The Three Sam Spades: The Shifting Model of American Masculinity in the Three Films of The Maltese Falcon
Kwate Nee Owoo
The Language of Real Life: Interview with Ousmane Sembène
Art for Man’s Sake: A Tribute to Ousmane Sembène
Astrid Söderbergh Widding
A Full Integration with Film History: A Tribute to Ingmar Bergman
Laura Rascaroli and John David Rhodes
Antonioni and the Place of Modernity: A Tribute
Morphing Realities: The Current Status of the Real in Film and Television
Nitzan Ben Shaul
Family Secrets: Alan Berliner’s Nobody’s Business and the (American) Jewish Autobiographical Film
Self-Despotism: Reality Television and the New Subject of Politics
The Postcolonial Function of Television’s Virtual Space in ’90s Israeli Cinema
Phantasmatic Losses: National Traumas, Masculinity, and Primal Scenes in Israeli Cinema—Walk on Water
Absence as Presence, Presence as Parapraxis: On Some Problems of Representing “Jews” in the New German Cinema
Chronic Trauma, the Sound of Terror, and Current Israeli Cinema
Nurith Gertz and Gal Hermoni
History's Broken Wings: "Narrative Paralysis" as Resistance to History in Amos Gitai's Film Kedma
New York Film Festival
How can we think about art at a time like this? A friend wore this as a pin to a MoMA opening, and I've always found it funny and realistic. Art never leaves the active world, thankfully. It's at its core. This past summer, 2007, filmmakers Michelangelo Antonioni, Ingmar Bergman, and Ousmane Sembène died, but it was their birth dates—respectively 1912, 1918, 1923—that jumped out at me in thinking about them because their lives, so inﬂuential in radical modern culture, virtually span the radically transformative twentieth century. Intensely associated with their home countries—Italy, Sweden, Senegal—and what outsiders assume are the sensibilities of those countries, each director (and in Sembène's case, also writer) reworked, often brilliantly, European and African consciousness to shift our aesthetics and our view of narrative structures and thus our politics. Each director forced change out of his art.
Antonioni had a paralyzing stroke in 1985 yet remained involved in ﬁlmmaking, but even into their eighties, Sembène and Bergman directed ﬁlms. Their last ones were as powerful as any before, maybe even more so, because they were so utterly streamlined. Sembène's Moolaade(SN/FR/BF/ CM/MA/TN, 2004) attacked civil society and was a tightly composed, incisive argument against female circumcision, and Bergman'sSaraband (SE/IT/DE/FI/DK/AT, 2003), about family lies, attacked private society and was more ﬂuid, shocking, and contained than many of his previous ﬁlms. For all their worth, these two directors still struggled for backing and, thus, recognition, as is evident in their last projects' multiple ﬁnanciers. In Framework's tributes, Astrid Söderbergh Widding, Chair of the Ingmar Bergman Foundation, sets Bergman squarely in his time, a man in touch with art and the world; Samba Gadjigo, Sembène's biographer, knows Sembène as a man in touch with real people (a trait also emphasized in Kwate Nee Owoo's 1989 interview); and scholars, Laura Rascaroli and John David Rhodes put Antonioni palpably and abstractly in touch with place.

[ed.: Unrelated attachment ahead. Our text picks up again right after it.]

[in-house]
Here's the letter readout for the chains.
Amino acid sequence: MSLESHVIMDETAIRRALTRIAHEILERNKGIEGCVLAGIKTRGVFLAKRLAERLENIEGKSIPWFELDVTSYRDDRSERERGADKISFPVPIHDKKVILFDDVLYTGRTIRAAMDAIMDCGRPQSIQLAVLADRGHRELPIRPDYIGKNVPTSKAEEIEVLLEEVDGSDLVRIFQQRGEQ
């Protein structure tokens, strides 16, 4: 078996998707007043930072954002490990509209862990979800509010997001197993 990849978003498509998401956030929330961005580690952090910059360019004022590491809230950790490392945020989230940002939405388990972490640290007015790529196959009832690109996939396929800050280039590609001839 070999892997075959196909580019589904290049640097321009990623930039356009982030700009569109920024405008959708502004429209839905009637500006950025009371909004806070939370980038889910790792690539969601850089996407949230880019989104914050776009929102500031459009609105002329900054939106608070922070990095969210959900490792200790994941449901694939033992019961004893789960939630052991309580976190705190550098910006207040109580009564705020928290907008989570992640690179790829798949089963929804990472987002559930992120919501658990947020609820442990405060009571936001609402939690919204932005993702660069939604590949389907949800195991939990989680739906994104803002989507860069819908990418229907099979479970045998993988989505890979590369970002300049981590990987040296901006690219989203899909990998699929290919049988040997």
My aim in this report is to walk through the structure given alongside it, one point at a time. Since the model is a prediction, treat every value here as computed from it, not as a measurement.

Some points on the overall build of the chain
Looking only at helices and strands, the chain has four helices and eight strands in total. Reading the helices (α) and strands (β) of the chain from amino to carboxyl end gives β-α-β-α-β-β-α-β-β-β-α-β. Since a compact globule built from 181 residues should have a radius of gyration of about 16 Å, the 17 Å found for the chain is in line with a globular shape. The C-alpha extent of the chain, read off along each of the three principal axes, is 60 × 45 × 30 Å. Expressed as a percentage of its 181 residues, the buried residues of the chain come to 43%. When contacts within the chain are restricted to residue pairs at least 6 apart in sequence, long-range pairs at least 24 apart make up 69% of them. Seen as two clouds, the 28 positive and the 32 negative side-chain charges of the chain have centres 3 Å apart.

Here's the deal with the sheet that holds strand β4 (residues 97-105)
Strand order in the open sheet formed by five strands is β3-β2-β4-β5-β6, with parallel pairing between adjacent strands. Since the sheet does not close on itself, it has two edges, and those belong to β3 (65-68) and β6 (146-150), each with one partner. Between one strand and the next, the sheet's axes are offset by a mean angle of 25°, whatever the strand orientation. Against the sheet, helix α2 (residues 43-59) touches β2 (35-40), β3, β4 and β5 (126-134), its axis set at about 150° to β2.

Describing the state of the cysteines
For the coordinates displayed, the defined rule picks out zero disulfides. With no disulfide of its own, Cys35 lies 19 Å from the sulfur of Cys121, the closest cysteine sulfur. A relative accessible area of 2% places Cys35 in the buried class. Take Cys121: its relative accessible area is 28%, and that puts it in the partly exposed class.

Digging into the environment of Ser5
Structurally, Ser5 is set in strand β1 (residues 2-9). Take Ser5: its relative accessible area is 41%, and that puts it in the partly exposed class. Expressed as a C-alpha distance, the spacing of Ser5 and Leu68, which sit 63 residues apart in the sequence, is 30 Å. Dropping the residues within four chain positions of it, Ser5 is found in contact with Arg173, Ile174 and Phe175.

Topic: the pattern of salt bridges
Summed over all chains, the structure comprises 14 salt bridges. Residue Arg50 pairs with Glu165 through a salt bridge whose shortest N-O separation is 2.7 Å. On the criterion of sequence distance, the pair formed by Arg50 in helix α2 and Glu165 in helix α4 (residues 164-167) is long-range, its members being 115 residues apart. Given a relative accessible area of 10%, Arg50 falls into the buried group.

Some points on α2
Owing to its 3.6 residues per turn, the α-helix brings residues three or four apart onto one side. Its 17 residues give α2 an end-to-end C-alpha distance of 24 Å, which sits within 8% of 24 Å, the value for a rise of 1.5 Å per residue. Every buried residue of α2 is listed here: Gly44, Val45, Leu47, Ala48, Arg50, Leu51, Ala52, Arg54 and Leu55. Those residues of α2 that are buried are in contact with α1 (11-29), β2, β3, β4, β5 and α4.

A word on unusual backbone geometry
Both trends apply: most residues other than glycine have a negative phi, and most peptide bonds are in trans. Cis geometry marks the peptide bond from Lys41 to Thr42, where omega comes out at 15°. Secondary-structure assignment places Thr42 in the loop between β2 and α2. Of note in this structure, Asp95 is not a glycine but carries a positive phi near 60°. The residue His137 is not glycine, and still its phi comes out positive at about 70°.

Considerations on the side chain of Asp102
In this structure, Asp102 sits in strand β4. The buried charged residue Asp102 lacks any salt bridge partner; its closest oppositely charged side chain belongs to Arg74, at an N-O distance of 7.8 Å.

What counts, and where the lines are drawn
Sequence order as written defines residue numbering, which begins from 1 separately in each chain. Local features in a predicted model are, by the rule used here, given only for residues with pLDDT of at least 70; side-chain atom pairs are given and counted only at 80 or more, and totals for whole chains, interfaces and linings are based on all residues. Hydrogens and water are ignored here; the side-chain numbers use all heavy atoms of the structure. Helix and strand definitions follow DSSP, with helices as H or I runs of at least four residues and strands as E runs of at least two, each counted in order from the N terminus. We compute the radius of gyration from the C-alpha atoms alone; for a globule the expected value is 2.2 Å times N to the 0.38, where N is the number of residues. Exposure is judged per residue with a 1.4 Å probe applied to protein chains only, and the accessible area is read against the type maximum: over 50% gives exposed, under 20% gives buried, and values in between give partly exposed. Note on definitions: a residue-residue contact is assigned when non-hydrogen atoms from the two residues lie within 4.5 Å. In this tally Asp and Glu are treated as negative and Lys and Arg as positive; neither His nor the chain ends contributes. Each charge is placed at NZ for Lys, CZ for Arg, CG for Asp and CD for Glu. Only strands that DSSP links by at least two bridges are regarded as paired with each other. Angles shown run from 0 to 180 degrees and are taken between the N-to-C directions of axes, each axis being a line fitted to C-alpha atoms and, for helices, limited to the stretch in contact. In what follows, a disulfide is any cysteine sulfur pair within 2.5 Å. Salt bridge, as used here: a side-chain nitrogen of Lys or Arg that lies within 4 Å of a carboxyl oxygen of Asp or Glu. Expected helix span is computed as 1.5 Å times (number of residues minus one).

In the dossier Morphing Realities, guest edited by Nitzan Ben Shaul and taken from the June 2006 conference held at Tel Aviv University, the essays consider how "realness" operates in art and how it is formulated through perception or defense against perception. These vantages are taken, in a sense, from a series of parallels, superimposed over one another as layers within memory, repressed or expressed, either personal or national. There is a special emphasis on the Israeli/Palestinian war, Jewish identity, and Reality TV. Philippa Gates and Laura Podalsky also dig out layers of social subtexts within changing perceptions. Both show how cinema reﬂects politics: Gates in her exposure of the shifts in masculine performance during the 1930s and 1940s, visible in remakes of The Maltese Falcon, and Podalsky in her gloss of shifts in Mexican youth ﬁlms in the 1980s and 1990s.
My special thanks goes to our wonderful Framework Web editor and my friend, Jim Sielaff, who so thoroughly edited the Framework Web site this last year with great enthusiasm and thoughtfulness. Only in his ﬁfties, he died suddenly on August 25, 2007, and is very much missed.
“Your Country Is Your Head”: An Interview with Gore Vidal
The Essay Film: Problems, Definitions, Textual Commitments
“You Cannot Continually Inflict”: An Interview with Saadi Yacef
Hegemony Conditions in the Coproduction Cinema of Latin America: The Role of Spain
Mobility and Modernity in María Novaro’s Sin dejar huella
Welcome to Applied Fiction
“Shown in 16mm on a Giant Screen”: Adventures in Alternative Exhibition with The Secret Cinema - An Interview with Jay Schwartz
A new kind of revolutionary attitude, one that accepts contradictions and doesn’t discard old values so much as recycles them, is increasingly active in cinema and media. It’s especially visible in the work of young African and African-diasporic filmmakers.